Now that I've read Don Quixote, I keep finding references to him. They've probably always been there, but now I'm trying to understand more specifically what they mean.
For example, I recently saw Central Ohio's darling dairy farmer, Warren Taylor, referred to as Don Quixote. Was the writer saying that he doesn't understand the world around him? That he's delusional?
Then I saw Lost in La Mancha, the documentary about Terry Gilliam’s failed (so far) attempt to make a move of Don Quixote. The movie really wants to make a claim that Gilliam is Don Quixote, deluded into thinking that this movie dream of his is possible, despite the evidence to the contrary. But that never quite worked for me either.
And here's the reason. I get the impression from this movie that Gilliam understands exactly what he's up against. He has experience making movies, even big productions. Some of them have been hits, and others have not. He's pursuing one specific idea, one that he knows will be a challenge but one that he's willing to try again and again until he makes it happen.
Gilliam's not Don Quixote. He's Ahab.
Moby Dick's Ahab was an experienced whaling captain with years of success. After losing his leg, Ahab becomes obsessed with finding the whale that did it--a whale that happens to be white and therefore recognizable as an individual he can track across the globe. And he does. He charts his course through waters not based on where the best whaling is, something he understands from his previous experience, but based on where he's heard rumors that the white whale has been spotted. At one point, the Pequod comes across another whaling ship that requests assistance--the captain's son has been lost during a hunt, and the captain is scouring that part of the ocean to find him. Certainly, Ahab, who even has children at home, could relate to this desperation, but he can't tear himself away from his own search. (Luckily for Ishmael, the captain is still searching for his son after Ahab has battled and lost to the whale.)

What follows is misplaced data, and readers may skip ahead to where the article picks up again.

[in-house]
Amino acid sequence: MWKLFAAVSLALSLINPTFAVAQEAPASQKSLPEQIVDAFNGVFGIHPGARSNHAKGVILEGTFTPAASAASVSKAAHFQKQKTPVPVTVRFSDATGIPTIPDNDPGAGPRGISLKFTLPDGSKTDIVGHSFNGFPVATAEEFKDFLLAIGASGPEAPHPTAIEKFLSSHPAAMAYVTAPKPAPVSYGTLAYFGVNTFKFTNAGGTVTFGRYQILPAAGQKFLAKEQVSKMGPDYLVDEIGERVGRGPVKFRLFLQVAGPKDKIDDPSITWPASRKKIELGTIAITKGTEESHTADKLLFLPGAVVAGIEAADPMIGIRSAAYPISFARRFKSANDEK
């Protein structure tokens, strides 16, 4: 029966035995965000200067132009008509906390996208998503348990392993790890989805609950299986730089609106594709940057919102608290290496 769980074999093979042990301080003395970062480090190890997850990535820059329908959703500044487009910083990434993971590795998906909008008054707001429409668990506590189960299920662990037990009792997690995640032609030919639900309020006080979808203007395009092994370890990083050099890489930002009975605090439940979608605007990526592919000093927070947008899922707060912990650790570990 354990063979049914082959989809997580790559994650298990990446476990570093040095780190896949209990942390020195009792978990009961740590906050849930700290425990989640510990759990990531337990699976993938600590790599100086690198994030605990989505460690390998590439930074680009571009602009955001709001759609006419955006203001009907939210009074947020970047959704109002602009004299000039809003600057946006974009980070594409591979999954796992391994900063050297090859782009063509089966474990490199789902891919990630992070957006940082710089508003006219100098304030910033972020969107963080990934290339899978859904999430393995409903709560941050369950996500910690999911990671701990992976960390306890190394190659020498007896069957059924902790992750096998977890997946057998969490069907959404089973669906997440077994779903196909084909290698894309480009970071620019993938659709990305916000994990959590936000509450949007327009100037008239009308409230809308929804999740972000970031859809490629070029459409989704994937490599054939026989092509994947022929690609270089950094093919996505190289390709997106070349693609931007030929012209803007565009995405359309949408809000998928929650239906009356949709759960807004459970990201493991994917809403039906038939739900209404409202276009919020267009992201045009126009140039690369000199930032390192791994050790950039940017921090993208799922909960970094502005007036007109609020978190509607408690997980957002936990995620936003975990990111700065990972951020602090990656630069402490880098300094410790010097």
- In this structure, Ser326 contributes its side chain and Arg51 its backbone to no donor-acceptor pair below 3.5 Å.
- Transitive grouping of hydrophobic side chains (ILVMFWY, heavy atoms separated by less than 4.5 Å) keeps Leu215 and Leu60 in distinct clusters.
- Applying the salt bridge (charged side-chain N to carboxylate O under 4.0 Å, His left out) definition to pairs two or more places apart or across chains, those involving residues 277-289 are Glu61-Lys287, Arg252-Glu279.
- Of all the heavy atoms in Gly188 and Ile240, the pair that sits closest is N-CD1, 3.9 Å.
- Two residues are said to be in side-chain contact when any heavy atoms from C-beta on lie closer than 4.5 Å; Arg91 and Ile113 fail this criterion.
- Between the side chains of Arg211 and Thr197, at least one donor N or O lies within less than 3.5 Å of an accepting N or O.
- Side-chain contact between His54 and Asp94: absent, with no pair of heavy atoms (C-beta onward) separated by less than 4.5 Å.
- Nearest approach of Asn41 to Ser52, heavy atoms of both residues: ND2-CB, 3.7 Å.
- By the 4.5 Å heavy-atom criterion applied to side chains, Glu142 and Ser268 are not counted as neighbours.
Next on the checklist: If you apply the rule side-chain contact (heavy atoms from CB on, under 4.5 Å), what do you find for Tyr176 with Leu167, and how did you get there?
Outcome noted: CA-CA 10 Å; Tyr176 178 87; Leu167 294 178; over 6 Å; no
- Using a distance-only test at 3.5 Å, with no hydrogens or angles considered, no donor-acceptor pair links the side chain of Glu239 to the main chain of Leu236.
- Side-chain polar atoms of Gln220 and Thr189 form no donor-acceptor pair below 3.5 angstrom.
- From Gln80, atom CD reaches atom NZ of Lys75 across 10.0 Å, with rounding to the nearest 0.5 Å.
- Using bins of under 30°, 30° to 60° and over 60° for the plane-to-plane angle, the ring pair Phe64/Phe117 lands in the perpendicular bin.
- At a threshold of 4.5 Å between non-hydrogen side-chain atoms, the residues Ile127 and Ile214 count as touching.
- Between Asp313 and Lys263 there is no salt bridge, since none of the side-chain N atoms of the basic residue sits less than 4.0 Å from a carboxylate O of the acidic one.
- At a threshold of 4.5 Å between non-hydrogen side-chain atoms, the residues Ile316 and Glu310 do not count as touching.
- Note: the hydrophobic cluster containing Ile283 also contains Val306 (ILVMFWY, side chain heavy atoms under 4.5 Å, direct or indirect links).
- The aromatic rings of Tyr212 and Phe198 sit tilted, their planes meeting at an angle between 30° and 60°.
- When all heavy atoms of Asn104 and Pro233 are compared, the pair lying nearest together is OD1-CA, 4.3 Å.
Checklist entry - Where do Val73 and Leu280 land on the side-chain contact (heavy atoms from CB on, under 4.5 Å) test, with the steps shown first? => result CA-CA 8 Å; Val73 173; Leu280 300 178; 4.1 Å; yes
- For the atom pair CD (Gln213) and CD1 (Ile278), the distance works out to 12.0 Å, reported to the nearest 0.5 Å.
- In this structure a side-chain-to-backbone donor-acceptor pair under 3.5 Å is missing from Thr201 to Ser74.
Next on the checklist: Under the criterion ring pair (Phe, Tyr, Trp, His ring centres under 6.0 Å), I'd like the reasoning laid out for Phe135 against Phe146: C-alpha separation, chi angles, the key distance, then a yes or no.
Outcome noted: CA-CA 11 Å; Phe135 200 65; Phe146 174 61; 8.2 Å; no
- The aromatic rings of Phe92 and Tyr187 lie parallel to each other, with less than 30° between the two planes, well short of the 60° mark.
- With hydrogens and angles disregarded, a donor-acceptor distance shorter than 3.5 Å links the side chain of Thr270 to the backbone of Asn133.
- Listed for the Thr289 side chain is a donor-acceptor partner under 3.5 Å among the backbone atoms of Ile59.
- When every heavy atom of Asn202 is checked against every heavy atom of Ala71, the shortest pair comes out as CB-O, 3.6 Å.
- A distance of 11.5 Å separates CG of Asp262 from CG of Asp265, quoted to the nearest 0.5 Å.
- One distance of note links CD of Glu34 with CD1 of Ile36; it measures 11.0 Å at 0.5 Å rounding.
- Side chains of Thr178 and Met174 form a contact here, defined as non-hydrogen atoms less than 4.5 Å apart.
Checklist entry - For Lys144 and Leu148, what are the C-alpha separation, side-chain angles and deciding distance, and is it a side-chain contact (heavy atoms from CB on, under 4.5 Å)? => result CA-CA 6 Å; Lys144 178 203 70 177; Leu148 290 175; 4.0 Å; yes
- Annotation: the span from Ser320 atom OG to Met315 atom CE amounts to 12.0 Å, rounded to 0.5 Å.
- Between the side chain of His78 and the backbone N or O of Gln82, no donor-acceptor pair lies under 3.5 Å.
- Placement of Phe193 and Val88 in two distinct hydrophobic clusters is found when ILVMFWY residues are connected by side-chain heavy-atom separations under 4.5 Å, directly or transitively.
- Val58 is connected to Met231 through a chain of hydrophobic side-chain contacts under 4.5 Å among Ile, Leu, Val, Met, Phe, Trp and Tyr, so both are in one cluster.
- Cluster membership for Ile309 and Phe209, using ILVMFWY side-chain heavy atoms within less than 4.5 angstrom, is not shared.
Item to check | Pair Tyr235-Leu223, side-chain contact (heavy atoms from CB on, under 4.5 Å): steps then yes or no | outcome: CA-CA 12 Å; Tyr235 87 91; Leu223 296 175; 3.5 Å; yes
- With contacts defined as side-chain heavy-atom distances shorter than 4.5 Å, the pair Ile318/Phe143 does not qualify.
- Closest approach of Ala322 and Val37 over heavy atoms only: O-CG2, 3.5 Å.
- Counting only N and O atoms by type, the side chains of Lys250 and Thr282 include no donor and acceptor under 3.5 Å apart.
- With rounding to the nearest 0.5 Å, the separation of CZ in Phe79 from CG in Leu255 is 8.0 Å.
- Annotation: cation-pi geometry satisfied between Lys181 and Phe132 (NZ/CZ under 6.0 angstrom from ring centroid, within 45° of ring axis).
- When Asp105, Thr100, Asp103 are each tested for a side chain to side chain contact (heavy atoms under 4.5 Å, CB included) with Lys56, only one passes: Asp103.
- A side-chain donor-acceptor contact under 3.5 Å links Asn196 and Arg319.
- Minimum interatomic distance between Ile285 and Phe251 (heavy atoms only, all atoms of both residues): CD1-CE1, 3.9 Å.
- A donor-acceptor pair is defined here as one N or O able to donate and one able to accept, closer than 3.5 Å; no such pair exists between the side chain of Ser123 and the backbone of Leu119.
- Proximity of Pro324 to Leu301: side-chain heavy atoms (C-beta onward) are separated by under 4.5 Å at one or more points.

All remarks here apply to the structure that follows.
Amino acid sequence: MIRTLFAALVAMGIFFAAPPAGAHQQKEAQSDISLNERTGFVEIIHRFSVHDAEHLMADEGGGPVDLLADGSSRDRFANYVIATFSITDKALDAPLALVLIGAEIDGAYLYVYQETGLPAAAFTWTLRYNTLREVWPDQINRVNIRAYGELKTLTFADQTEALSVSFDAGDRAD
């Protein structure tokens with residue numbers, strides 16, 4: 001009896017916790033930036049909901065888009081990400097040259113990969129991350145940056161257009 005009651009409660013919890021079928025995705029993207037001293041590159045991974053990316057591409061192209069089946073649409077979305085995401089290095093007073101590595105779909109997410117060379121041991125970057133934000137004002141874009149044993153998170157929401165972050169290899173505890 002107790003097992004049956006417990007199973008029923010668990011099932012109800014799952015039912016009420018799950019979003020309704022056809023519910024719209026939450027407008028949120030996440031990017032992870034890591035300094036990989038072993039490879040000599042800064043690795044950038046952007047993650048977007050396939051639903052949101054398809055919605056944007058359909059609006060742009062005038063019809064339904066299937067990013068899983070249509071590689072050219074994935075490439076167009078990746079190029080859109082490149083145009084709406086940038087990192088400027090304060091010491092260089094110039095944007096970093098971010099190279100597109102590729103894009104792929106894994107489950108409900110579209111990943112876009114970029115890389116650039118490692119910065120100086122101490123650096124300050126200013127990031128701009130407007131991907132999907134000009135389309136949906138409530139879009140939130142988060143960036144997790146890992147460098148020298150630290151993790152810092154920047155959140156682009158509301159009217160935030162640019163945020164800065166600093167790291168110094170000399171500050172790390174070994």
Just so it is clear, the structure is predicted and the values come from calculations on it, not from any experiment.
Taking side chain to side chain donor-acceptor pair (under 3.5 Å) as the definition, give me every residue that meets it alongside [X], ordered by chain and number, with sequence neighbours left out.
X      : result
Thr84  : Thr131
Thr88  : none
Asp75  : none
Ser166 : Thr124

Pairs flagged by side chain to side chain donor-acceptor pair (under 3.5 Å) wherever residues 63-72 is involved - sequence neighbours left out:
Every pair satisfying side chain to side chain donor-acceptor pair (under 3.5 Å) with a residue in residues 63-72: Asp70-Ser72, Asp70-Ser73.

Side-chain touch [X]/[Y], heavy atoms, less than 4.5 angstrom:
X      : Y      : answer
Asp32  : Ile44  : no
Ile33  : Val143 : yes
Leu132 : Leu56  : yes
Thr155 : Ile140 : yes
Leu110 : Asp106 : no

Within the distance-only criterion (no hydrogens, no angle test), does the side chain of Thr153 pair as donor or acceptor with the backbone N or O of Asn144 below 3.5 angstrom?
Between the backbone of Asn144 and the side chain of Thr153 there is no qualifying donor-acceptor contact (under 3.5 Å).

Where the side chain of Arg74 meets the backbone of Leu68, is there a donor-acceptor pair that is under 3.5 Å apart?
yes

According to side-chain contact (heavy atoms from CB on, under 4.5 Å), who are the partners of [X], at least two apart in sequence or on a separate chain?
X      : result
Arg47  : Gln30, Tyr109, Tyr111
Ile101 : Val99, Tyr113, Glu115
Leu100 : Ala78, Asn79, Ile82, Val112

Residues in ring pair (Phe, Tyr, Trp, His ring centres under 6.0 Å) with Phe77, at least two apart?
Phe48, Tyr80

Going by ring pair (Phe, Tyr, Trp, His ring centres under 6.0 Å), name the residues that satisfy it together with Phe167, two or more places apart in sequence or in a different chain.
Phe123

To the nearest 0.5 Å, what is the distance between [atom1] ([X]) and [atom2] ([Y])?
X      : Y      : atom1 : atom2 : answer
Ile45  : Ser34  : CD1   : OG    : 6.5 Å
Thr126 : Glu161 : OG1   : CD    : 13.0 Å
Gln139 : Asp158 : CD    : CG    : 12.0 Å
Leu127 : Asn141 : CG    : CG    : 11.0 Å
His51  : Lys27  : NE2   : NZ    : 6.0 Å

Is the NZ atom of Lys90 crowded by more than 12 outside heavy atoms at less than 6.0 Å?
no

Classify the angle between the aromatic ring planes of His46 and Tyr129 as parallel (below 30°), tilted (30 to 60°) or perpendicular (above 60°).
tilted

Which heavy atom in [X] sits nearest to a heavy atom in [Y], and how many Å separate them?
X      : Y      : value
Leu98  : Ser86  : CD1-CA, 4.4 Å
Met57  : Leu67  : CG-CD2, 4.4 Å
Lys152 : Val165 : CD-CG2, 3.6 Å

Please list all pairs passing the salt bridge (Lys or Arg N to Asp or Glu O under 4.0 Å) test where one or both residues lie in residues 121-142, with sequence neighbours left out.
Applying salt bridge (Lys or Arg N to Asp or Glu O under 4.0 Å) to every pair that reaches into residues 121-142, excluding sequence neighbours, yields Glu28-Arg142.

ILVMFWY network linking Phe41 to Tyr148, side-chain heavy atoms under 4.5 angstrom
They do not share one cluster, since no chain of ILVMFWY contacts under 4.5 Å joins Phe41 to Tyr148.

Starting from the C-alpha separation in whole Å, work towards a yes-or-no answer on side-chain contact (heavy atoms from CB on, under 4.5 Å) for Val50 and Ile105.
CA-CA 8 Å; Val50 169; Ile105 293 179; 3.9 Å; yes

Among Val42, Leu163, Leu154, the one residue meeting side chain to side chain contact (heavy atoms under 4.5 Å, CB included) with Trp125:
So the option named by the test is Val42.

Don Quixote would never do this. Don Quixote has a skewed understanding of the way the world works, but he tries always to do what is most noble and right, albeit by his own definition. When Don Quixote agrees to help (what he sees as) a damsel in distress, she makes him promise not to grant any other promises of help until he completes her mission. He has a really difficult time sticking to this, in part because of his short temper and in part because he so quickly recognizes injustices and feels a compulsion to right wrongs. After Don Quixote attacks his first giant, he doesn't keep attacking it once he sees that it's a windmill.
Don Quixote's actions are completely coherent *given his delusion*, but he is under a delusion. Ahab, on the other hand, understands perfectly well what he's facing and what he's asking of other people, but he is intent on reaching his goal.
I'm not recommending that Terry Gilliam give up on his white whale, a movie production of Don Quixote. If I can cross references here a bit, I feel a bit like the Duke and Duchess, encouraging him on in something that may not be good for him or others, but that is fascinating to watch. I want to cheer for Gilliam in a way I could never commit to cheer for Ahab, maybe because he's a real human and therefore more sympathetic. But he's still Ahab.
So who might be closer to a real-life Don Quixote? I have an idea, but I'd love to hear yours too. Tune in next week to hear mine!
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